IMCTC is being led by Pakistan’s decorated former Army Chief, General Raheel Sharif. The four-infantry general, cognizant of his country’s delicate balancing act has made it clear that he won’t be part of a force targeting one country.

Pakistan’s position among the alliance itself is outstanding as the country has dealt with interstate terrorism on a massive scale and owns unmatched nuclear assets and is on the verge of untangling the sectarian clashes, so experience here is a bonus point for Pakistan, giving it an important edge in the 41-member alliance.

Unlike NATO countries which practice “separation of the church and state” rule in their military workings, the Islamic military coalition cannot overcome the religious element which still resides even in the O.I.C.

Here comes the very basic feature of a state functioning – its foreign policy. Case in point can be Pakistan’s refusal to become a member of the Saudi led coalition force and its military intervention in Yemen. Pakistan and few other states maintained their distance and called for peaceful dialogs as for most the Yemen’s situation was an internal matter, also Yemen itself can be studied as a case in point of full scale military intervention in any other state. Given the possible chance that sound guidelines and clauses are set out in order to avoid any unnecessary military involvement, any state still can object to the matter and chose to withdraw owing to its policies. Pakistan’s decision against military intervention in any state is a safe stance but not the same can be said for the other members. Formation of such an alliance would also mean an end to proxy wars against other member states. However, this feature is at odds with the states’ grandiose designs in the region.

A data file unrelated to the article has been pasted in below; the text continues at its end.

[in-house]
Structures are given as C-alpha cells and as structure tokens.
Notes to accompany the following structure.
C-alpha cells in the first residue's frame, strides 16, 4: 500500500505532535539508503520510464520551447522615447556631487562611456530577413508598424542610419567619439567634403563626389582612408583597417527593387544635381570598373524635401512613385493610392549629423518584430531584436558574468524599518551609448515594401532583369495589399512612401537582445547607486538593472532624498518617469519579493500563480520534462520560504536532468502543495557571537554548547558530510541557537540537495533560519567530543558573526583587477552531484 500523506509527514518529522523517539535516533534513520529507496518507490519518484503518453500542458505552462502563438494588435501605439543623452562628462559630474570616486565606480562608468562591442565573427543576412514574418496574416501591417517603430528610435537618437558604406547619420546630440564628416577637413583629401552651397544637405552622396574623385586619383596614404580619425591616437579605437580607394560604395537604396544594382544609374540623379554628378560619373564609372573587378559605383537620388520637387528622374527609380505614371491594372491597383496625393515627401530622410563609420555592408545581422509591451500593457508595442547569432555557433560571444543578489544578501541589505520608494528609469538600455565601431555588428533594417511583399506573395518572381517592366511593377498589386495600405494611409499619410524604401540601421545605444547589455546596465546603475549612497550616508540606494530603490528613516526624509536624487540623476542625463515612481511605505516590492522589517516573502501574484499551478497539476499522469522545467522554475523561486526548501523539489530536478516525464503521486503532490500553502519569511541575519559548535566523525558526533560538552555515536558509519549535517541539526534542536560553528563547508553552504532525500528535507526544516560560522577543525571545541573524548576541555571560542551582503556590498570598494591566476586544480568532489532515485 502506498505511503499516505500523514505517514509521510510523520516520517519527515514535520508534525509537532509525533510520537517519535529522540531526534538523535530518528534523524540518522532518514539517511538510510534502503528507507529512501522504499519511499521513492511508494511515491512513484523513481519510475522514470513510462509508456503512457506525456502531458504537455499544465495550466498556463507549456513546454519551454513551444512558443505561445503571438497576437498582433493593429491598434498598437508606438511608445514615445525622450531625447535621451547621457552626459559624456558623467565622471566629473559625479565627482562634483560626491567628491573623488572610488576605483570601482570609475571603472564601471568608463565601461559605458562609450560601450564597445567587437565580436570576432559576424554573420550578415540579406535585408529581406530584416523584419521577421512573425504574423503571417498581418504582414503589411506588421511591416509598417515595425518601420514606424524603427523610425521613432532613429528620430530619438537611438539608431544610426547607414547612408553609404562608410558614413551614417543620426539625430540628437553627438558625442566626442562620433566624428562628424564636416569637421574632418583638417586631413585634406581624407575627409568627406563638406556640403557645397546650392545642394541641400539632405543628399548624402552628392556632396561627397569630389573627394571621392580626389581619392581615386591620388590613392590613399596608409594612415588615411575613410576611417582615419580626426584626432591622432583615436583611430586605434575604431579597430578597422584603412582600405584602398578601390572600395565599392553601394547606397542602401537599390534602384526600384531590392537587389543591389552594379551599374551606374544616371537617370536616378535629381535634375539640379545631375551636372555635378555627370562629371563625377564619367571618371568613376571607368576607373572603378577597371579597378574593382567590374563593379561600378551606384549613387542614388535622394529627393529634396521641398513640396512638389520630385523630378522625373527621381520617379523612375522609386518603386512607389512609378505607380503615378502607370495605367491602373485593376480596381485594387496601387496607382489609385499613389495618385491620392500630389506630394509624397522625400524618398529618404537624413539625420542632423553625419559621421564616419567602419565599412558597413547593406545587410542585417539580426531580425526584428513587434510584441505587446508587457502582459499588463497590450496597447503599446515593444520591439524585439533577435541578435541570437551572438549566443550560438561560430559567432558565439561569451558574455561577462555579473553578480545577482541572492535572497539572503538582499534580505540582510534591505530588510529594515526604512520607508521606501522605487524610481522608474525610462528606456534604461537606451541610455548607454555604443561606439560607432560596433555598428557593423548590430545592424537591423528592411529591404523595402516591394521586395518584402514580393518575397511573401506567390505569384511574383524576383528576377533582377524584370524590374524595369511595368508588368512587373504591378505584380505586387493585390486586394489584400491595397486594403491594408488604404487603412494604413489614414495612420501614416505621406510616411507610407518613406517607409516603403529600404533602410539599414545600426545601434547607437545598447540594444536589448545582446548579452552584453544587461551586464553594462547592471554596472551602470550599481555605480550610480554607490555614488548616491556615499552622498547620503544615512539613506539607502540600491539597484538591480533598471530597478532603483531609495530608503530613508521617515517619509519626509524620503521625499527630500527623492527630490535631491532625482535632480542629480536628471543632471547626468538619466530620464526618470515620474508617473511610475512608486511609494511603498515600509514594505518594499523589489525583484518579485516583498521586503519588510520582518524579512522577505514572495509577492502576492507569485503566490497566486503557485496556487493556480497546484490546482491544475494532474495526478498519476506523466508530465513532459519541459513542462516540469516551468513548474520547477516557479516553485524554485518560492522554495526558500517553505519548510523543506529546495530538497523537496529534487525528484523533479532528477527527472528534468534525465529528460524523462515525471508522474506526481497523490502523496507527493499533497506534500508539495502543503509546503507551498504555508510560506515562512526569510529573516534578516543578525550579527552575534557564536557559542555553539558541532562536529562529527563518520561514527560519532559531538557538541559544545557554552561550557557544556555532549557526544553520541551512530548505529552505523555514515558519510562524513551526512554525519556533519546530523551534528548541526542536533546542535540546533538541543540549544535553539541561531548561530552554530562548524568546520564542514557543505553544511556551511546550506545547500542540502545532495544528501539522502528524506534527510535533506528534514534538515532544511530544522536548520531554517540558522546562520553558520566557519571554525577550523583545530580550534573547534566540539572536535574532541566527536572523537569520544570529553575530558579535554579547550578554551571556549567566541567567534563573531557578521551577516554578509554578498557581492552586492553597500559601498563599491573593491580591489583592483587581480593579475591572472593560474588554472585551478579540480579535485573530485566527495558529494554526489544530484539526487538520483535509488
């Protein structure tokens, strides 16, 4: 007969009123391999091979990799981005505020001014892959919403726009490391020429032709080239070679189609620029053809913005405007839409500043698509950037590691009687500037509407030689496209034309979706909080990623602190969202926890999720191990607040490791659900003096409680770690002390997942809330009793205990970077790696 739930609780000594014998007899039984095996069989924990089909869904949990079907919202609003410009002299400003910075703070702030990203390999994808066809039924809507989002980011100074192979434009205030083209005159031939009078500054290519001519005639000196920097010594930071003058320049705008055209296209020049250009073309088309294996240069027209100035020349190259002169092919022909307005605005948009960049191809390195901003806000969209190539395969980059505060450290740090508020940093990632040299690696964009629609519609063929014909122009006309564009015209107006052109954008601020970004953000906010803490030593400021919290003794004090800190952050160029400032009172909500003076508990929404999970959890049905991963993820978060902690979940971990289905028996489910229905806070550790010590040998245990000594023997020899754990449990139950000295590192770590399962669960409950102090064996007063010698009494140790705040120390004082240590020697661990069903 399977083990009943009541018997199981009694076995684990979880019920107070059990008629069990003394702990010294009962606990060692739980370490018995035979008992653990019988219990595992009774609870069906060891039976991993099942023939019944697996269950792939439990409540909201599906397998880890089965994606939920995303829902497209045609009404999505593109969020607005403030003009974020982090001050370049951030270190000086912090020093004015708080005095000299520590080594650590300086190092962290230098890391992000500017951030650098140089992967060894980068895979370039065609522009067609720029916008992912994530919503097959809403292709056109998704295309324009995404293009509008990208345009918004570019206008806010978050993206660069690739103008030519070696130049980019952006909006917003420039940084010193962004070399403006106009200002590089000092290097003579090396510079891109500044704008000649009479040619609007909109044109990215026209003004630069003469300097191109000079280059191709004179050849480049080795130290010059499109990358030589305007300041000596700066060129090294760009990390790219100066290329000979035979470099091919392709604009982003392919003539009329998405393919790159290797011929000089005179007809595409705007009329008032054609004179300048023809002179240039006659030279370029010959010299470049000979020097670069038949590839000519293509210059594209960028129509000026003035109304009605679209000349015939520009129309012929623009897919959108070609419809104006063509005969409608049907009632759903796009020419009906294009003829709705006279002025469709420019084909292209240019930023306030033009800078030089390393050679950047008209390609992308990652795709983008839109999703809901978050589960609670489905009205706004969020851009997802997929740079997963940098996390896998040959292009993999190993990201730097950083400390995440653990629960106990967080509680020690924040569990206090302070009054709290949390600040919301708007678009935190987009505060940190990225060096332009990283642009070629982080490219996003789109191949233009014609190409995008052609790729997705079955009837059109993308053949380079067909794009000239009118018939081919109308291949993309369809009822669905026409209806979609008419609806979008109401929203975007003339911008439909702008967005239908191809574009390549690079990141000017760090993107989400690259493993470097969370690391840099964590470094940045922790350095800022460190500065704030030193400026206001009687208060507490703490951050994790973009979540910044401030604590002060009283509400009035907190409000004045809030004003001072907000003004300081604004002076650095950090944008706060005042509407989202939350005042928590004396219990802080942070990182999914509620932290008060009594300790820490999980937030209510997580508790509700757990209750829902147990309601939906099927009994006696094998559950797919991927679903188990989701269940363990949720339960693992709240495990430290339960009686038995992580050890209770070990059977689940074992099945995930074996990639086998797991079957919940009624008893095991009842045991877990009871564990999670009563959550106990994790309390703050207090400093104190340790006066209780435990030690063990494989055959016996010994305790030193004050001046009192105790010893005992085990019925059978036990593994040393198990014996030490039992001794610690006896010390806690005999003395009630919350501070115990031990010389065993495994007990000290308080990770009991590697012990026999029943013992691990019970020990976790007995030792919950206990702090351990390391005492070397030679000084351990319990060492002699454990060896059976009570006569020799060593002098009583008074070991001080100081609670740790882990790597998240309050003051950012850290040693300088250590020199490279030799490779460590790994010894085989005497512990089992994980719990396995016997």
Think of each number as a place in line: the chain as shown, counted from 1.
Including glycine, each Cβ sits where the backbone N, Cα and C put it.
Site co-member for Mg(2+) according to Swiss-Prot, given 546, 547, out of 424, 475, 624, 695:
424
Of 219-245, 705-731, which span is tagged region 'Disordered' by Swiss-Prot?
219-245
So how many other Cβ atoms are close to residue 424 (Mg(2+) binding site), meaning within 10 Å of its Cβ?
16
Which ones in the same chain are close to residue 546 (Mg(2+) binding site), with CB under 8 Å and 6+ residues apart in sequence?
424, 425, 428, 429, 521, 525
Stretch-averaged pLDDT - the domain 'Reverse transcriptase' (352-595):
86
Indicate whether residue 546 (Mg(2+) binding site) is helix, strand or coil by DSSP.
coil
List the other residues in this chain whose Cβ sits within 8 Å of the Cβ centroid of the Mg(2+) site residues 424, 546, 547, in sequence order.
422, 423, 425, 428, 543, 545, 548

NATO over the years has evolved into a mature organization but the formation of Islamic NATO will require clean chits by every member state along with vow of full cooperation including efforts of narrowing down the religious divide. But the behavior by GCC members with Iran and its exclusion from the coalition casts dark shadow on the very intention of the force itself.  Most members in coalition’s list have internal troubles, be it Turkey against PKK, the intra-GCC tiff; rest of the members against the almost-finished ISIS  or even Boko Haram. Moreover, each member also supports rebel elements for personal advantage , hence with this dreadful situation on ground,  working of an Islamic force will hardly be effective in the near future. Also, Pakistan has categorically denounced taking sides in the rivalry and is even bolstering ties with Iran. It deprives the alliance of the services of the best fighting force from within the coalition